Continuing with our second cornerstone theme, Building Community, as we deepen the work we are doing in classrooms and schools during October, National Bullying Prevention Month, we focus on the “The Ridicule Free Zone,” which precedes the Constitution of Caring.
You know how when you Google something, “key words” lead you to a list of websites? Well, when you Google, “Ridicule Free Zone” guess what? At the top of the list is the third lesson in our building community theme. Now imagine your classroom, your school, your community at the top of that list!
It would be so nice if Ridicule Free Zones spread from classrooms to schools, to small towns to, as one child put it, a ridicule free world. We think that the original writers of our curriculum were on to something when they coined the term. Think of a “smoke free zone” or a “pedestrian safe zone”, or a “quiet car” on a long distance train ride. Each of these is an escape from something dangerous or uncomfortable, a safe space protected from something we want to avoid.
Imagine that your classroom is one where each student feels safe and cared for and where we – adults and children – all make that happen. It’s such a powerful aspirational goal. Maybe we can’t be perfect at it, but the more we get close to it, the better we will all feel and the stronger our community will be.
What is ridicule? The dictionary says it is the subjection of someone or something to contemptuous and dismissive language or behavior. Strong stuff. Here are some synonyms of ridicule: mockery, laughter, scorn, scoffing, contempt, jeering, sneering teasing, taunts, sarcasm. More strong stuff.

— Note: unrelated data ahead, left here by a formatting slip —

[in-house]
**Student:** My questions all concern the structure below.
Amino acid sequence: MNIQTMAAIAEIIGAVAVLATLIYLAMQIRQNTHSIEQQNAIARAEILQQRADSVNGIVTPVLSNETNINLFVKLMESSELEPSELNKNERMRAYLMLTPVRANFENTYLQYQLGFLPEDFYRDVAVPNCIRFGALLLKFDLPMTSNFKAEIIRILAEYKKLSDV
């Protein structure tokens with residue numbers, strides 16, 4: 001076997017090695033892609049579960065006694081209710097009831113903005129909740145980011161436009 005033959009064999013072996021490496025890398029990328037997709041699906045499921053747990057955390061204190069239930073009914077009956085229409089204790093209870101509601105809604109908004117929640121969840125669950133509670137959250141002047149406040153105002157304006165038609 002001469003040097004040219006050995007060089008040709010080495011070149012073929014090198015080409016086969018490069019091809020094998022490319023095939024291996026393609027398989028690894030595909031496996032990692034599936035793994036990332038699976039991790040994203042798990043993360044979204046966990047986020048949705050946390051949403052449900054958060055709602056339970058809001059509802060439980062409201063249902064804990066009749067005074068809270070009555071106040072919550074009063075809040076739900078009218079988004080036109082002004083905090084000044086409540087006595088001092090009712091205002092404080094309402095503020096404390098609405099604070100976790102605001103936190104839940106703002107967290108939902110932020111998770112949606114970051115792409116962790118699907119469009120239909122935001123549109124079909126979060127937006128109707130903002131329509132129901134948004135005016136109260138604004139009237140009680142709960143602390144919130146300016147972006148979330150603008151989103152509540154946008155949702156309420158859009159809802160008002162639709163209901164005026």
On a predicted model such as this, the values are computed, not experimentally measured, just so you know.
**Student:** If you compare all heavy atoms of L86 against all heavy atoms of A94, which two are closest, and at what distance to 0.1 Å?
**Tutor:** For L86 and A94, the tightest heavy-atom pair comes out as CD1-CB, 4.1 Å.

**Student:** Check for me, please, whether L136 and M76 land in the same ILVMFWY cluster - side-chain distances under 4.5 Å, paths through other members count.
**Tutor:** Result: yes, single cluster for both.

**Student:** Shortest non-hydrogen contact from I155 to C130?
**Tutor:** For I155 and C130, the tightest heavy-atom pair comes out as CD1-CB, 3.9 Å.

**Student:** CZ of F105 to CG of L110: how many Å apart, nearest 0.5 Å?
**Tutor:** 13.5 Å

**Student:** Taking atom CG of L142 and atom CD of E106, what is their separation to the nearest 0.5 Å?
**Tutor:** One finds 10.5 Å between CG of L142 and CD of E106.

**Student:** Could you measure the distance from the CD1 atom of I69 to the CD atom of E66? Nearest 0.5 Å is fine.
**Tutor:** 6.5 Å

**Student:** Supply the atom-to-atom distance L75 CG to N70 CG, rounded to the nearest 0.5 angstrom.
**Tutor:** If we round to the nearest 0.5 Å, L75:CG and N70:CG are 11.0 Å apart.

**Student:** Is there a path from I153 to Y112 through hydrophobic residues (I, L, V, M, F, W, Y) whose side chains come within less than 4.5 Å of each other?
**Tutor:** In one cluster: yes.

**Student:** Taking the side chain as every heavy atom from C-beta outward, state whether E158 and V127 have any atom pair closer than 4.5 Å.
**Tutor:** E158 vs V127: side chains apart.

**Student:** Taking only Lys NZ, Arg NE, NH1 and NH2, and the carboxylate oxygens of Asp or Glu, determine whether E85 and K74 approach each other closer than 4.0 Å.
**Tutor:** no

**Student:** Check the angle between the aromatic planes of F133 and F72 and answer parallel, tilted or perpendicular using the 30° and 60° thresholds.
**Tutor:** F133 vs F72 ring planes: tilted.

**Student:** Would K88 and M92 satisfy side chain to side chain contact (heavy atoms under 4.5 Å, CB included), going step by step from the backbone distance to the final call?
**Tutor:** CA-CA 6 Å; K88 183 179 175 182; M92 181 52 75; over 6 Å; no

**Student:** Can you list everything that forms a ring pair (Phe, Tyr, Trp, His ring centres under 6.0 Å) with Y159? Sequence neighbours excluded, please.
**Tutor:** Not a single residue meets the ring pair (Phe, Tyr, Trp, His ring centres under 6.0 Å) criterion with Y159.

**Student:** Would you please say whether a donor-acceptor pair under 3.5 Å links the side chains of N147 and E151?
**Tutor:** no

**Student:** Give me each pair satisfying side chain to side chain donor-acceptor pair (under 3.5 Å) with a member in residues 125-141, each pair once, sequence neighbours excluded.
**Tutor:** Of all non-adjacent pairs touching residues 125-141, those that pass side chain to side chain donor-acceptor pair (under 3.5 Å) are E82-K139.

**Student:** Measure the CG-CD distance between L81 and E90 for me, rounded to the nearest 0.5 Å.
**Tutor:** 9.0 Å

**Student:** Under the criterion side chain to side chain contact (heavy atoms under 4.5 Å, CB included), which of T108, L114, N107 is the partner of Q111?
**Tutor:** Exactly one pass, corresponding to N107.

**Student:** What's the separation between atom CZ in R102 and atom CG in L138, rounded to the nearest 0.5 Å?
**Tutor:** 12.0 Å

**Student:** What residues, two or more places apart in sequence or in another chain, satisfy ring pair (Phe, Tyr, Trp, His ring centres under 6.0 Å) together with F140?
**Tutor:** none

Some educators don’t believe we should focus on negative behavior and our lesson leans toward the positive by asking how we act in order to create a ridicule free zone, so that’s a good place to start. We have also seen success through conversations with students talking about the words that describe ridicule and how it feels. In fact, we made a video specifically of children talking about what it feels like to be bullied. As we’ve said, for some, this can lead to a productive conversation. Others may be uncomfortable with the potential negativity.
If you do decide to define terms and discuss what ridicule is, colleagues remind us that it should not be in the spirit of blame: not “gotcha, that’s ridicule.” But in the spirit of “do you think that’s it? Oh, that’s it. I get it. We can be nicer than that and, finally, we don’t want our classmates to feel that way.” Remember, as this lesson evolves, it leads to a classroom Constitution of Caring, so our emphasis is always on those actions which build community, rather than harm it.
This lesson also provides an opportunity for students to make signs about their Ridicule Free Zone. We provide some examples in the lesson, but, we recommend that they be hand-made by your students. They then become a great visual tool to use when someone strays from your classroom agreements and a cue for new students entering your classroom or school for the first time.
Of course, this lesson could not be more timely as we continue to see ridicule throughout this election season in the United States. Check out the resources from our friends at Teaching Tolerance about the election and, particularly, the Civility Contract as a great companion to this lesson.
We’d love to see your pictures and videos of your Ridicule Free Zones and stories about how you got there! Post them to our Facebook page or send them (assuming you have parental permission!) to us at firstname.lastname@example.org.